The weeks that I have been dealing with this incessant bowel business have been trying. Since the end of March, when The Troubles began, I've lost 30 pounds, and some days it's all I can do to shower and get back into bed.
Being this weak, and knowing it would only get progressively more so till we got the medication issue straightened around, I was thrown on the horns of a practical dilemma--but also had to face one of my deepest fears head on. I live alone. I have no Perfect Husband to wait on my every need, no Utterly Uncomplaining Children to make sure that I always have what I want, even before I know I want it. You know the kind of thing you make movies out of in your head when the mere details of reality are no obstacle. My friends with real husbands and children tell me I must be on more drugs than I realize when I start talking like this!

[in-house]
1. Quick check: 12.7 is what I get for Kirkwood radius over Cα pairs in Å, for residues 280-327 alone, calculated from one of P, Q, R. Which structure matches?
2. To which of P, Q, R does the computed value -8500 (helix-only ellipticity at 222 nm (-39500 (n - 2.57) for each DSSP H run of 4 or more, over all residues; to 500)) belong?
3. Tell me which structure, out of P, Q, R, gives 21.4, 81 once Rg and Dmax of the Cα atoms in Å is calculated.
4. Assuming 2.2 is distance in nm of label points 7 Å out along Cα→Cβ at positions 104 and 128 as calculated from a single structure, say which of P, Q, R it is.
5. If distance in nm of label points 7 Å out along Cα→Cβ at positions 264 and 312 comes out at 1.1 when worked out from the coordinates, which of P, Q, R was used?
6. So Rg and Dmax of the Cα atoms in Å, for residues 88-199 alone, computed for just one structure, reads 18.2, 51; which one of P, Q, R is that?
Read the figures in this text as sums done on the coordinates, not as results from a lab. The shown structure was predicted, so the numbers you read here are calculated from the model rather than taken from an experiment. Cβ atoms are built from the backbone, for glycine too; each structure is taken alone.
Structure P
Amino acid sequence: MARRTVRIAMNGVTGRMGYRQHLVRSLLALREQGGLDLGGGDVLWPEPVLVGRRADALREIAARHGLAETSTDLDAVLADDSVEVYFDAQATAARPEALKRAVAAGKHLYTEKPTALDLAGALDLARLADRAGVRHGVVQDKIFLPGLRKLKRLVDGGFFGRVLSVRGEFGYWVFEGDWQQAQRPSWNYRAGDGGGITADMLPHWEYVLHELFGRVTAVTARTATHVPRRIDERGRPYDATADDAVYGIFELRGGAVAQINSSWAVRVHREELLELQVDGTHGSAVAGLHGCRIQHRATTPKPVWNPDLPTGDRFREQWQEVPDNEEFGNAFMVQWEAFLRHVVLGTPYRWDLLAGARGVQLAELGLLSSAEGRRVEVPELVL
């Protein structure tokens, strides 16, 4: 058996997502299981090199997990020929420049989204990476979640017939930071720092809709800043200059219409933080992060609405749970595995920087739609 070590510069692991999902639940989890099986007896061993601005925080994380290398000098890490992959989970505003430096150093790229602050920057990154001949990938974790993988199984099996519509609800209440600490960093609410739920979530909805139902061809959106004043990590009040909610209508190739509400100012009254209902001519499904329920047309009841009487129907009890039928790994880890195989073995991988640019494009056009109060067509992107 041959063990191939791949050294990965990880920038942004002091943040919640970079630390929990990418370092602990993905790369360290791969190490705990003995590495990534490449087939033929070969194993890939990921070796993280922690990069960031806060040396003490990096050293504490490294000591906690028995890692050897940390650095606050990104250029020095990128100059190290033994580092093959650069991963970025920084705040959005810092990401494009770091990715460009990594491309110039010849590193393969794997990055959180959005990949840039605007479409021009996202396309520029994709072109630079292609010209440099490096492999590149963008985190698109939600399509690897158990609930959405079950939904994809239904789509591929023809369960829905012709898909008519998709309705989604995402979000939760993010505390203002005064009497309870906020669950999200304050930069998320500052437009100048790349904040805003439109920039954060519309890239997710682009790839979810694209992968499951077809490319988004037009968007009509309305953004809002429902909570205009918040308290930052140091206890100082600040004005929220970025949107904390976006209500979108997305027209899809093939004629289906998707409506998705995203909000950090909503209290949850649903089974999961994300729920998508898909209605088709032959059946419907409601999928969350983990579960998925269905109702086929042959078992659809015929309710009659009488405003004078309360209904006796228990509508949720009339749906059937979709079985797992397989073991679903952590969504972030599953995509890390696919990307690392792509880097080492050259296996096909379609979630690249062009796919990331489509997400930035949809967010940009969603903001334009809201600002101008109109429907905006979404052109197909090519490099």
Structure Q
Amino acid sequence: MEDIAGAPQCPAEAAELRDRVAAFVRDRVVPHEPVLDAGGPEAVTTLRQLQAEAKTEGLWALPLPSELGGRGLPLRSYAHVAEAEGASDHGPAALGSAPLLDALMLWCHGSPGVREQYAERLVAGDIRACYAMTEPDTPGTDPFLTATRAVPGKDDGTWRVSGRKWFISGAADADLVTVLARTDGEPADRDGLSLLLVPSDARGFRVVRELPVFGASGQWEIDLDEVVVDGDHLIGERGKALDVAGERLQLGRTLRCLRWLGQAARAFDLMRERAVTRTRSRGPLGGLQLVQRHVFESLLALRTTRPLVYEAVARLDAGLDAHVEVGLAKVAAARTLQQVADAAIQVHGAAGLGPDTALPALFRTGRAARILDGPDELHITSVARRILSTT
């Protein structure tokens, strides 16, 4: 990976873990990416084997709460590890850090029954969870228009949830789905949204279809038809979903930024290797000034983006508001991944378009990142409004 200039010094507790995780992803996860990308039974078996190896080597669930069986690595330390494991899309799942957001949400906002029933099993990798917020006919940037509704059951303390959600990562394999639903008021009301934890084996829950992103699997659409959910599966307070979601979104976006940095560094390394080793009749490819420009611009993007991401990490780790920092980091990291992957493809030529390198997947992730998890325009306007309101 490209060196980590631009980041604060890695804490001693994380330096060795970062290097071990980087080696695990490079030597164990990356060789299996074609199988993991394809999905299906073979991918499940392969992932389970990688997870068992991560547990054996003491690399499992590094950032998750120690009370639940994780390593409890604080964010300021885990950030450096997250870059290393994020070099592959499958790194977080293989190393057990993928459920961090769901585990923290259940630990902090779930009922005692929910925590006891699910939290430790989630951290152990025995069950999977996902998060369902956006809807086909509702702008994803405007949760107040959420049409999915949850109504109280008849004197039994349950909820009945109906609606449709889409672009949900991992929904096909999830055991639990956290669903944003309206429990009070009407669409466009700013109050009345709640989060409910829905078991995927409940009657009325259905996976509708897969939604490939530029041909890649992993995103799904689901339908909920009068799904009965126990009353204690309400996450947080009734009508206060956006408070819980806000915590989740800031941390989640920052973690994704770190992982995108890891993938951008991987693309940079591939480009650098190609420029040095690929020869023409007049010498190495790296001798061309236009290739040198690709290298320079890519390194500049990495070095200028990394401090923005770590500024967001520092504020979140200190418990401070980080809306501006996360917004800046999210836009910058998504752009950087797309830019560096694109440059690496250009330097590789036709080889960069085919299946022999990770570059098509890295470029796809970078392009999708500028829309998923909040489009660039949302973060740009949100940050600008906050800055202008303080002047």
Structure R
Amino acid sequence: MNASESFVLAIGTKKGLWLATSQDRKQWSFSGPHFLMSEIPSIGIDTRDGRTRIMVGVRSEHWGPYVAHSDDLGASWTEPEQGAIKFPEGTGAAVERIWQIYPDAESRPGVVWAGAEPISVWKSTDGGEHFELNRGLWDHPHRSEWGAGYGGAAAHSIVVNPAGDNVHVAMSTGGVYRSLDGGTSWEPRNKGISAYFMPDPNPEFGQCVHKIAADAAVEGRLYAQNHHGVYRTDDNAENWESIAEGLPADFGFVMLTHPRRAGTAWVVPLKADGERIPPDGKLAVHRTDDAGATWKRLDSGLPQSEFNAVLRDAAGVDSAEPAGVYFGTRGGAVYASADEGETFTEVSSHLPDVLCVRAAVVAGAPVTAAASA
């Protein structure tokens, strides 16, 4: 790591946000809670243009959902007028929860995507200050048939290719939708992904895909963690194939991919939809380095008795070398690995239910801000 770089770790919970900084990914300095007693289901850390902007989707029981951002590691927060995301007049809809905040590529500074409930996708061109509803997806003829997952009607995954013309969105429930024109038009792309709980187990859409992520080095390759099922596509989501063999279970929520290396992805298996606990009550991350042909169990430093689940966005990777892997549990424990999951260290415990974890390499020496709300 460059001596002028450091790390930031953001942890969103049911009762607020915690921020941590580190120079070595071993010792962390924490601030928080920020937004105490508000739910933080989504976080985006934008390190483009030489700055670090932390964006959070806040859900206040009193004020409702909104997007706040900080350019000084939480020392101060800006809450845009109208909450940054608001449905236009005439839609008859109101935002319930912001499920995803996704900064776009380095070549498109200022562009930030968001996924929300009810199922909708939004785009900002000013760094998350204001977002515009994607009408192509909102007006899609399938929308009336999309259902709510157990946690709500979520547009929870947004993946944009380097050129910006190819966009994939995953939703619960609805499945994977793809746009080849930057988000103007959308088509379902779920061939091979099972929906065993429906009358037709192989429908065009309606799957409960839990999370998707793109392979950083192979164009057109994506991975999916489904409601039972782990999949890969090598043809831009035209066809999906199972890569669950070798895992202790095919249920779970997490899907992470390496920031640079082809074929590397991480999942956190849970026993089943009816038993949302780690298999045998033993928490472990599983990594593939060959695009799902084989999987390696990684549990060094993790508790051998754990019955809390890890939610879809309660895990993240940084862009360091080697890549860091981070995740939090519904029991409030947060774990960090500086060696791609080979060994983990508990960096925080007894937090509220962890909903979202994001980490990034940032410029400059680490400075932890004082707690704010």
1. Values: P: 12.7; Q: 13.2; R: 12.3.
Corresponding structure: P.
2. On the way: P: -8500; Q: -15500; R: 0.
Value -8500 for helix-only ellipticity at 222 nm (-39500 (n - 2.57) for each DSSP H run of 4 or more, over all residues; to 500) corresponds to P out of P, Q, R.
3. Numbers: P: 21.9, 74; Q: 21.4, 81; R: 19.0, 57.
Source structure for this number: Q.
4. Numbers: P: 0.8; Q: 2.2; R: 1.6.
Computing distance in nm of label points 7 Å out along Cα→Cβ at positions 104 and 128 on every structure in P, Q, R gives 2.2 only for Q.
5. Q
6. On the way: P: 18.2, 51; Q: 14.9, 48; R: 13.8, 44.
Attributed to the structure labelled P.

I have always been afraid of how I would manage when, well, I couldn't manage. And now I know.
When my friends and I realized how vulnerable I was by myself, we (mostly meaning they) mobilized into action. I have always been fiercely independent, mostly successfully, and while I had gratefully accepted help all these years to get to and from chemo, or to cope post-surgically, I had never been in a position where I actually couldn't trust my own judgement about how well--or not--I actually was.
Not eating for days will do that to you.
So here's what we did. A group of friends called a meeting to set up a roster so that every day for at least 4 hours, someone would be with me to do chores, make sure I ate, take care of anything that needed taking care of. The cats, by the way, send their total gratitude for this!